In other words, the Court’s remedy isn’t actually a remedy. Violate Section 3, maybe you’ll go to jail, but the problem—can you hold office again?—isn’t remedied at all, in the slightest. And in this sense, of course, justice isn’t done, which is the point, wait for it, of a judiciary. (And no, “jail time” isn’t a remedy in question, we’re not just talking “punishment,” but “remedy,” as in, solving the problem, remedying the wound to democracy itself.) If you can still be President from jail…we all know that the remedy doesn’t actually matter and isn’t one.

So who can actually disqualify someone who’s violated Section 3 of the 14th Amendment from holding office? According to the Supreme Court, nobody can. States can’t. The Supreme Court can’t. And Congress can’t either—beyond legislation, what exactly is it to do? That’s it’s role in government institutionally, after all. Is it to issue a Special Edict? Assume Special Powers? What does that even mean?

So if you ask me, the Supreme Court has failed, and failed badly. I’m not even on the side saying that Trump should be automatically disqualified, as a matter of political opinion. But I am saying the Supreme Court has said nobody can disqualify anyone else from holding office. It has effectively said that there is no institution which can enforce Section 3 at all.

Not States, explicitly, not some kind of referendum, only Congress, but wait, even being convicted of precisely that federal crime doesn’t disqualify someone from office. So where does that leave us?

In an institutional Twilight Zone. In a Kafkaesque maze. A nowhere-land. If no institution of governance can act to make Section 3 real, does it exist at all? And this is precisely the outcome that authoritarians tend to want—vagueness, a cloudiness, a lack of clarity, so that the rules can always be bent to their will.

What’s the Point of a Judiciary?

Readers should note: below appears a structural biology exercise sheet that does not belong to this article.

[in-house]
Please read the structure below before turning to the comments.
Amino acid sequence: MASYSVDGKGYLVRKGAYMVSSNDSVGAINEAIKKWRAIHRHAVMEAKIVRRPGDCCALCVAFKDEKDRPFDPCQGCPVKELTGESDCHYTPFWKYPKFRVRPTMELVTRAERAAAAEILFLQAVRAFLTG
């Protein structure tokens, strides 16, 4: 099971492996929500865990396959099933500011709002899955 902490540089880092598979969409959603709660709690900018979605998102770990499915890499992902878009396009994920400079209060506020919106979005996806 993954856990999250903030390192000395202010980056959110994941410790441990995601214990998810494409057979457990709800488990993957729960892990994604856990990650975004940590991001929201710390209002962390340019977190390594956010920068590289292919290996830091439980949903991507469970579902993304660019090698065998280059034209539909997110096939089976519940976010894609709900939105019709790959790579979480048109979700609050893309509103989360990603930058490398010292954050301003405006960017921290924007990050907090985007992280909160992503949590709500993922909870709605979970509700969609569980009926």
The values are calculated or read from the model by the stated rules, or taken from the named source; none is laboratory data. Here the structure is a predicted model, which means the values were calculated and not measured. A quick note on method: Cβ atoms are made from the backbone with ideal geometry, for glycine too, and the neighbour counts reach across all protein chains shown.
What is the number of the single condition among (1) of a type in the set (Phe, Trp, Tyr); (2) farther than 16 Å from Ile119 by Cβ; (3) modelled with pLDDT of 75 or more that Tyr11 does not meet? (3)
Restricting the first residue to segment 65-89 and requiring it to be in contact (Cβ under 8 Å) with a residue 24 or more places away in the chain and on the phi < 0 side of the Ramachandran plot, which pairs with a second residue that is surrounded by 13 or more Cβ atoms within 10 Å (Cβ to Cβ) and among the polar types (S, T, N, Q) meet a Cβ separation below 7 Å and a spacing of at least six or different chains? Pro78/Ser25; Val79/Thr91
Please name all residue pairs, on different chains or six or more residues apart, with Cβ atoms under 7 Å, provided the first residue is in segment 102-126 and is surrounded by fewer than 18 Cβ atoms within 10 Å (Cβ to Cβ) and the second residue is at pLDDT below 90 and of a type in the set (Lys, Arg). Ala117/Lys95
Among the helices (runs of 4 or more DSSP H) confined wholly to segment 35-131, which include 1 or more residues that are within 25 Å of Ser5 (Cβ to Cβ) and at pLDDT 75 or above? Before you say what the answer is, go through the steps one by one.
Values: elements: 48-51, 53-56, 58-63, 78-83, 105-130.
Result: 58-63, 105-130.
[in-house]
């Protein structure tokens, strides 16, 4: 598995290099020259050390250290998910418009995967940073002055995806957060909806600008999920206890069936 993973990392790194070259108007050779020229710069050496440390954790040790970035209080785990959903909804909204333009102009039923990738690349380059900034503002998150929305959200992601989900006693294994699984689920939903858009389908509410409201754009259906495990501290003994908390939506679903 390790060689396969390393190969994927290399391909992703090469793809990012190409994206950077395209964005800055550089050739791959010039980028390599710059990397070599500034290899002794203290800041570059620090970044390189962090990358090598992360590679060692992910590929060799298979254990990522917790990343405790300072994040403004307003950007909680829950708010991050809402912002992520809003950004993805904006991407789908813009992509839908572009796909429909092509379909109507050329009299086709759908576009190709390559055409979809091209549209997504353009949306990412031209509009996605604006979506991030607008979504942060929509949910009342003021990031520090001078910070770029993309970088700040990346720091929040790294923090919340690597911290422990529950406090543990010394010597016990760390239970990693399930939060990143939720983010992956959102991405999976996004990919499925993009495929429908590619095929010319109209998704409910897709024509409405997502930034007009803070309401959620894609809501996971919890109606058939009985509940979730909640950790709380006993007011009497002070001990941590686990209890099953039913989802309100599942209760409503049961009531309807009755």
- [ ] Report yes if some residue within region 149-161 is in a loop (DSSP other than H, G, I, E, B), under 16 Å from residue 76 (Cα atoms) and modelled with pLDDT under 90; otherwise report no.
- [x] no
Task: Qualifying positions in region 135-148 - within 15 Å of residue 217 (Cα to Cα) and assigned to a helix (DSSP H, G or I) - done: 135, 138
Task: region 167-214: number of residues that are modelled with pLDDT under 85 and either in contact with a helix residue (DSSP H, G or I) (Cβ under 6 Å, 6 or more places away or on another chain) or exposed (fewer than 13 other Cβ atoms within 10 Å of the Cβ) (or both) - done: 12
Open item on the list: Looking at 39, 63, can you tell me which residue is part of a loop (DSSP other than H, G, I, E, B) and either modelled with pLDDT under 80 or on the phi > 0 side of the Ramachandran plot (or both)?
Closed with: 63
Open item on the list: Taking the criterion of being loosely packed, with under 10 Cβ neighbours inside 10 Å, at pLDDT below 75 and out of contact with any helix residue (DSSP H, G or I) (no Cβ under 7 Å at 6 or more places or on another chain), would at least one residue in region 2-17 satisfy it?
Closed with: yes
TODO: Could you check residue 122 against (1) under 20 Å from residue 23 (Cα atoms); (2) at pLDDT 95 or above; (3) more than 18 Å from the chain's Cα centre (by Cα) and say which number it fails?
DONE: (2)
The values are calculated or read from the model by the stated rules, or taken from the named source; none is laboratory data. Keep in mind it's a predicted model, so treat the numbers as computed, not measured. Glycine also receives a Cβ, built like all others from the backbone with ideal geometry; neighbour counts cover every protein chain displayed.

Section 3 couldn’t be more explicit.

“No person shall be a Senator or Representative in Congress, or elector of President and Vice President, or hold any office, civil or military, under the United States, or under any State, who, having previously taken an oath, as a member of Congress, or as an officer of the United States, or as a member of any State leg- islature, or as an executive or judicial officer of any State, to support the Constitution of the United States, shall have engaged in insurrection or rebellion against the same, or given aid or comfort to the enemies thereof. But Congress may by a vote of two-thirds of each House, remove such disability.”

See how clear that is? Does the constitution matter, or not, or only sometimes?

That leaves us with one possibility, that Congress could maybe enforce Section 3 through a vote. But what kind of vote?

If the only way that Section 3 can be enforced is through, let’s say, a Congressional vote, then of course, that’s the weakest guardrail against authoritarianism imaginable, because in such a situation—insurrection, coup, overthrow—presumably, there’s a pretty good chance such a vote would be tainted to begin with. “Votes” of such kinds aren’t laws or rules, and what constitutions are supposed to give are laws and rules—permanent lines, not temporary, shifting ones.

Section 3 is interestingly explicit about what it’d take to “remove the disability” of disqualification—a 2/3 vote of each house. But even more interestingly, it’s not explicit about what it’d take to disqualify someone in the first place. That’s a pretty good tell that the only enforcement mechanism of this amendment wasn’t just meant to be Congress, because of course, if it was, then presumably, it’d just stated so as clearly for disqualification as it does and did for disqualification. That’s a bit abstruse, but I think you see my point.

Imagine now the opposite. What if Congress, reading this ruling, sighs, and decides—we all know it won’t, so just imagine—that a 2/3rds vote can disqualify a candidate, like a Trump? Of course, then said candidate could just challenge it, appeal to the Supreme Court, who, given this reading of affairs, would just as likely say: nowhere does the constitution give Congress the power to do that.